Chuck Colson (16 de octubre de 1931—21 de abril de 2012) fue un autor, orador y comentarista de radio popular y ampliamente conocido. Antiguo ayudante personal del Presidente Richard Nixon, fundador del ministerio internacional Prison Fellowship y fundador tambien del Colson Center for Christian Worldview, escribio varios libros que han moldeado el pensamiento cristiano, entre ellos Born Again, Loving God, How Now Shall We Live?, La vida buena y La fe. Su programa radial, llamado Break Point, presentado por Prison Fellowship Ministries, continua saliendo diariamente al aire, con ocho millones de radioescuchas. En 1993, Colson recibio el prestigioso Premio Templeton por el Progreso en la Religion. Este premio de un millon de dolares, ademas de todo lo que recibe en sus conferencias y sus derechos de autor sobre sus libros, son donados a Prison Fellowship. En 2008, el Presidente George W. Bush le concedio el segundo reconocimiento en importancia para un civil estadounidense por parte del gobierno de la nacion, la Medalla Presidencial del Ciudadano, por su labor humanitaria con Prison Fellowship Ministries. Se graduo de la Universidad de Brown y la Escuela de Leyes George Washington, y recibio su Doctorado en Derecho con honores. Sirvio en el Cuerpo de Marinos de los Estados Unidos, donde alcanzo el grado de Capitan.

Emily Colson is the daughter of Chuck Colson. She is an artist and writer. After many years as an art and creative director in the field of advertising and design, she now pours her creative gifts into helping her son, Max, who is diagnosed with autism. She has even pioneered an innovative communication system to assist her son. Emily has been a single mother for most of Max's 19 years, with hard-fought lessons of life, love, and laughter. Emily and Max live on the coast of New England, where they can often be found dancing. You can visit her at www.emilycolson.com.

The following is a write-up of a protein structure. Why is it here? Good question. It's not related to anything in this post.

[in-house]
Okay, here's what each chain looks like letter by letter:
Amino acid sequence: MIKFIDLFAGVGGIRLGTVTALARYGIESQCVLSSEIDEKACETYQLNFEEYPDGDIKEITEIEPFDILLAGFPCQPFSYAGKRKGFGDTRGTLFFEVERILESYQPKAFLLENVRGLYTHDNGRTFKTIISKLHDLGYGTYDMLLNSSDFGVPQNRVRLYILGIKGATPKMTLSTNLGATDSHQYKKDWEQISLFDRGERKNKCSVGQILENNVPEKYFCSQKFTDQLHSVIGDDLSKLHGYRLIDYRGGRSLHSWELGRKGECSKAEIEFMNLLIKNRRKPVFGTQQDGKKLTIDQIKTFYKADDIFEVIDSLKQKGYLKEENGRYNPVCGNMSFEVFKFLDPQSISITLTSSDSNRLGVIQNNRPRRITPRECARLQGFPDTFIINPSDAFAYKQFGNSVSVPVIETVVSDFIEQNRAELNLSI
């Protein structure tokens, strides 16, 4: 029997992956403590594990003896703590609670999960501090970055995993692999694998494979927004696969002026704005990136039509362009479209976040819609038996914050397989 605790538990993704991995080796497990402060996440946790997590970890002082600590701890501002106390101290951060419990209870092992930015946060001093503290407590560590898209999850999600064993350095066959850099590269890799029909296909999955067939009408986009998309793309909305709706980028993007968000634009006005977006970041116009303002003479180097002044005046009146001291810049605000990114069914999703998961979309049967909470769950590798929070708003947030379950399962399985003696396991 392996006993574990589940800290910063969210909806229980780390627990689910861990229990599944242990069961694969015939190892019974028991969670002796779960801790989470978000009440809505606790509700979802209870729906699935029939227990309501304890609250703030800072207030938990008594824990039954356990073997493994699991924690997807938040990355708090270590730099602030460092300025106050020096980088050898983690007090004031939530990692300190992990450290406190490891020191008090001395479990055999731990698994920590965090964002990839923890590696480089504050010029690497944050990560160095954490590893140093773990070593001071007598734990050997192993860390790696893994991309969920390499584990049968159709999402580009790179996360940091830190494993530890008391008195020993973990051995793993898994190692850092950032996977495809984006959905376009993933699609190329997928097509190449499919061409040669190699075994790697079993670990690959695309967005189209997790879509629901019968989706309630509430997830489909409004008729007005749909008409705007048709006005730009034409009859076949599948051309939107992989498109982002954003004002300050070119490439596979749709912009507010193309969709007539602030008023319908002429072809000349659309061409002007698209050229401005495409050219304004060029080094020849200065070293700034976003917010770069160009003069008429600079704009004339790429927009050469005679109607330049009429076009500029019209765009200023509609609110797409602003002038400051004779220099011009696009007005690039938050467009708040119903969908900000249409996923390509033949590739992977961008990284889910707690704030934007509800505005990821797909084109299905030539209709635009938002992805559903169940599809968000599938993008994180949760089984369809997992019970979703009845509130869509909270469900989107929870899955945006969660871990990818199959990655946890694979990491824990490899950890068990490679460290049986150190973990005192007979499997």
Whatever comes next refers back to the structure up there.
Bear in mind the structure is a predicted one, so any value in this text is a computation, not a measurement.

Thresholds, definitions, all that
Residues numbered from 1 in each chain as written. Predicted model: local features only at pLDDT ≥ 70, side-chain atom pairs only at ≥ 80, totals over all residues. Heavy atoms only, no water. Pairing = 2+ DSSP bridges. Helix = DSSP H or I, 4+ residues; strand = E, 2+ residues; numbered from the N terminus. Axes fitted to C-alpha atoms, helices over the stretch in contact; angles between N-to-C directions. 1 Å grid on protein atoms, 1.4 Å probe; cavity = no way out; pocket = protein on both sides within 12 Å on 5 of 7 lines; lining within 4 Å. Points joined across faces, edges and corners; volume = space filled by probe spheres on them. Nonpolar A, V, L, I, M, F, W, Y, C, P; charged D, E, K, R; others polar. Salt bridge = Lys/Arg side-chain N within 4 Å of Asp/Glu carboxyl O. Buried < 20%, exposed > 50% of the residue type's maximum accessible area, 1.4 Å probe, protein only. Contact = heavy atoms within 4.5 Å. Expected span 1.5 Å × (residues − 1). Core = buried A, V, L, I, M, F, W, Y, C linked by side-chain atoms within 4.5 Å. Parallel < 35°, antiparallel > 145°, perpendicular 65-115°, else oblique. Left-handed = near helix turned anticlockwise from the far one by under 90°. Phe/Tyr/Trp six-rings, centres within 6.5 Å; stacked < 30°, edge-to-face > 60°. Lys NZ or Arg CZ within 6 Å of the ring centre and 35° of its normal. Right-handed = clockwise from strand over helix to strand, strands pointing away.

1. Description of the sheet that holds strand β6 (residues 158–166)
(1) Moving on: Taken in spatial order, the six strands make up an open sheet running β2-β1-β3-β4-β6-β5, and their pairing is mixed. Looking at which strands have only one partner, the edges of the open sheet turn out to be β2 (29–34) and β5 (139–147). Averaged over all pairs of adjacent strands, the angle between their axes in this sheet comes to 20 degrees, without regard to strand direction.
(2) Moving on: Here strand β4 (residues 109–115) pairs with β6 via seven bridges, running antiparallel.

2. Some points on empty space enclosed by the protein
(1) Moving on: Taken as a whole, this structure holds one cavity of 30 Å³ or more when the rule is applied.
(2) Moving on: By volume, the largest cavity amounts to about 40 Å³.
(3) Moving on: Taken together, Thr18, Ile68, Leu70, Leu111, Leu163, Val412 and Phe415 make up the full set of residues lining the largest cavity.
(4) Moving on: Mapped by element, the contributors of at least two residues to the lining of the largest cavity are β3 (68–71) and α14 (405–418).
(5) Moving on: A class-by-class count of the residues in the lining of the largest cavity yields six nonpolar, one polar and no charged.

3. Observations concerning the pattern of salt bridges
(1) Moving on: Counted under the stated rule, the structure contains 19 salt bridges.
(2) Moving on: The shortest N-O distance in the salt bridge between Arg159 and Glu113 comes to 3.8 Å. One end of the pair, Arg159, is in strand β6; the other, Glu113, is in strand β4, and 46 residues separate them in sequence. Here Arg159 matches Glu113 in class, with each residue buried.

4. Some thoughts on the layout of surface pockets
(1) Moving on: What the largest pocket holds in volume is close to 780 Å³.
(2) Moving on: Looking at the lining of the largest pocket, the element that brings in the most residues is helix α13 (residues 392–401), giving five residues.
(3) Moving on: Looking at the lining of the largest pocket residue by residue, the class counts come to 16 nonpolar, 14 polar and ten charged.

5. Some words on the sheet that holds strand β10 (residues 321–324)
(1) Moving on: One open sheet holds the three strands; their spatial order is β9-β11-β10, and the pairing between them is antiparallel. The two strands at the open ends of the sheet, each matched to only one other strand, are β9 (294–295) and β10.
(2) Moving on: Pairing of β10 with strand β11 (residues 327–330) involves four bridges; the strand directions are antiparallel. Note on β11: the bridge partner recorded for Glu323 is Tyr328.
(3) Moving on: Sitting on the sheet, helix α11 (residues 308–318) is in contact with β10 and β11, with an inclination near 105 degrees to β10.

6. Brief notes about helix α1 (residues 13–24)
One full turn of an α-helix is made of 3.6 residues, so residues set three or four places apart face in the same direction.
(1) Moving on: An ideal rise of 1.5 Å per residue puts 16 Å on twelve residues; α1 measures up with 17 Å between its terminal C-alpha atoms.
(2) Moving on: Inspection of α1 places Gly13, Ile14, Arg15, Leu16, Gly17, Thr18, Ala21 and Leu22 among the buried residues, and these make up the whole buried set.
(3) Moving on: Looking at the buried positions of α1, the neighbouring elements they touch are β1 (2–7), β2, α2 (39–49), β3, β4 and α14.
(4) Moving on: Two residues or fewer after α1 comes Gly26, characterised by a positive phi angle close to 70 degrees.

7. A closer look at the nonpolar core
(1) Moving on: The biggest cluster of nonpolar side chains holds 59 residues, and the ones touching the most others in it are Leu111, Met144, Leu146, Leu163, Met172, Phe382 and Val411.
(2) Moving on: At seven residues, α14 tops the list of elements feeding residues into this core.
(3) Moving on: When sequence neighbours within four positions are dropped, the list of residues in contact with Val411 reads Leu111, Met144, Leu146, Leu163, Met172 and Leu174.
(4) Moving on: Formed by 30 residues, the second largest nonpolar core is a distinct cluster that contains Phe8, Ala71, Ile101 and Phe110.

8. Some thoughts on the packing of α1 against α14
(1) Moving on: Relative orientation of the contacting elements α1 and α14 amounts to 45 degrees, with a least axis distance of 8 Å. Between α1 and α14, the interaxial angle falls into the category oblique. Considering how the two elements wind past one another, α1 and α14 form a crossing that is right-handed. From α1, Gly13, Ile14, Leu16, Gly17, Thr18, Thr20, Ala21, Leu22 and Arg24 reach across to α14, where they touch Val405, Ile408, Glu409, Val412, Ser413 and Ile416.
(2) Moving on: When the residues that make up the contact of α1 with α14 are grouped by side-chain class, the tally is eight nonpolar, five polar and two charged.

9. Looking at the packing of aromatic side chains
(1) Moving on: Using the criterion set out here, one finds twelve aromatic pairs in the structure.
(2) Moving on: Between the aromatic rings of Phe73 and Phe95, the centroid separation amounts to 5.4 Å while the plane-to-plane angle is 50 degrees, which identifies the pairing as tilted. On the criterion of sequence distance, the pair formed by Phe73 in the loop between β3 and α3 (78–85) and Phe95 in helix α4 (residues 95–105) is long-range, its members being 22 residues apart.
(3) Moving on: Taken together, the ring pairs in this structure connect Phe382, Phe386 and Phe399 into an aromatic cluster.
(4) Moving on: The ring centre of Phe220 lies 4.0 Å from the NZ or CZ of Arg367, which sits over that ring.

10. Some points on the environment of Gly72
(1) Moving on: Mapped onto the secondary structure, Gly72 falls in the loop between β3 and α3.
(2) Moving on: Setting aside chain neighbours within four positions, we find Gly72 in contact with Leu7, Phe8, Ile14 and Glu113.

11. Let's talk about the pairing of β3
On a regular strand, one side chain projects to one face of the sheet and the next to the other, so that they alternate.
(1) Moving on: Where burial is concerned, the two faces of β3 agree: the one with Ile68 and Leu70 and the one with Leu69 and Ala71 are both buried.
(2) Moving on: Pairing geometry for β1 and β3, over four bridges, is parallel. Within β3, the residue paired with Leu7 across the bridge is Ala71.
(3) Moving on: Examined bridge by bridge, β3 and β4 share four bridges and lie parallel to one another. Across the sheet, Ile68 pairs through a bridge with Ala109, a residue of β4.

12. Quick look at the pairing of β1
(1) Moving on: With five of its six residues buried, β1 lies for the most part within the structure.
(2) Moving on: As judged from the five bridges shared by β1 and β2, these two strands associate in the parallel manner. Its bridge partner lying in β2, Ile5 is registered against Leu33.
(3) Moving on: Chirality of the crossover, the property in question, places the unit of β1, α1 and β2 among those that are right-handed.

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Read an Excerpt

Dancing with Max

A Mother and Son Who Broke Free
By Emily Colson


Copyright © 2010 Emily Colson and Charles W. Colson
All right reserved.

ISBN: 978-0-310-29368-2

Chapter One


Okay, maybe I was a little rebellious - but whenever my dad reminds me of that, I usually look him straight in the eye and say, "I think I turned out remarkably normal ... all things considered."

I didn't exactly have your normal life experiences, although who has? At seventeen, I was shy, guarded actually, with the self-confidence of a gnat. Which is why on this particular day, with the lamination barely cool on my driver's license, my mom volunteered to lead me through my very first car wash. All my young rebellious nature would be required to do was to follow.

I watched as my mom's 1970s hatchback disappeared into the black hole of foaming spray. I gulped nervously as a burly attendant waved his arm, expecting me to drive my eight-inch-wide wheels into four-inch metal tracks. Did he understand that I couldn't see my wheels? As I pulled forward it sounded as if my tires were screaming at me, the rubber screeching against metal. The attendant signaled me to stop.

I cranked down the window of my boxy old Plymouth Valiant. "Regular wash, please," I said, trying to act cool.

"Hands off the wheel. Foot off the brake. Keep it in neutral," he ordered, pocketing my money.

That's it? I thought. Just sit here?

My car jerked forward, and a frothy wave of water slapped against the windshield. As I was swallowed into the dark hole, I could see huge blue towels lapping tongue-like across my hood. It was such a Jonah-in-the-whale experience that even my feet felt wet. And then I looked down.

Apparently, the tattooed attendant had neglected to inform me that I should close the vents on my car, that ingenious 1970s pre-airconditioning cooling system of little doors beside your ankles. The fact that these vents also blew leaves and road debris into your car tells you how closely this technology mimicked that of the Flintstones'.

There at my feet, gushing through these open vents with hydrant force, was enough water to fill an ocean.

I jammed my foot up against one of the vents but couldn't close it. The water pressure was too great. I pictured myself reaching the exit of the car wash with the interior of my car completely filled with water, like a rolling aquarium. And there I'd be, treading water with my lips stuck to the inside of the roof, sucking out the last bit of oxygen.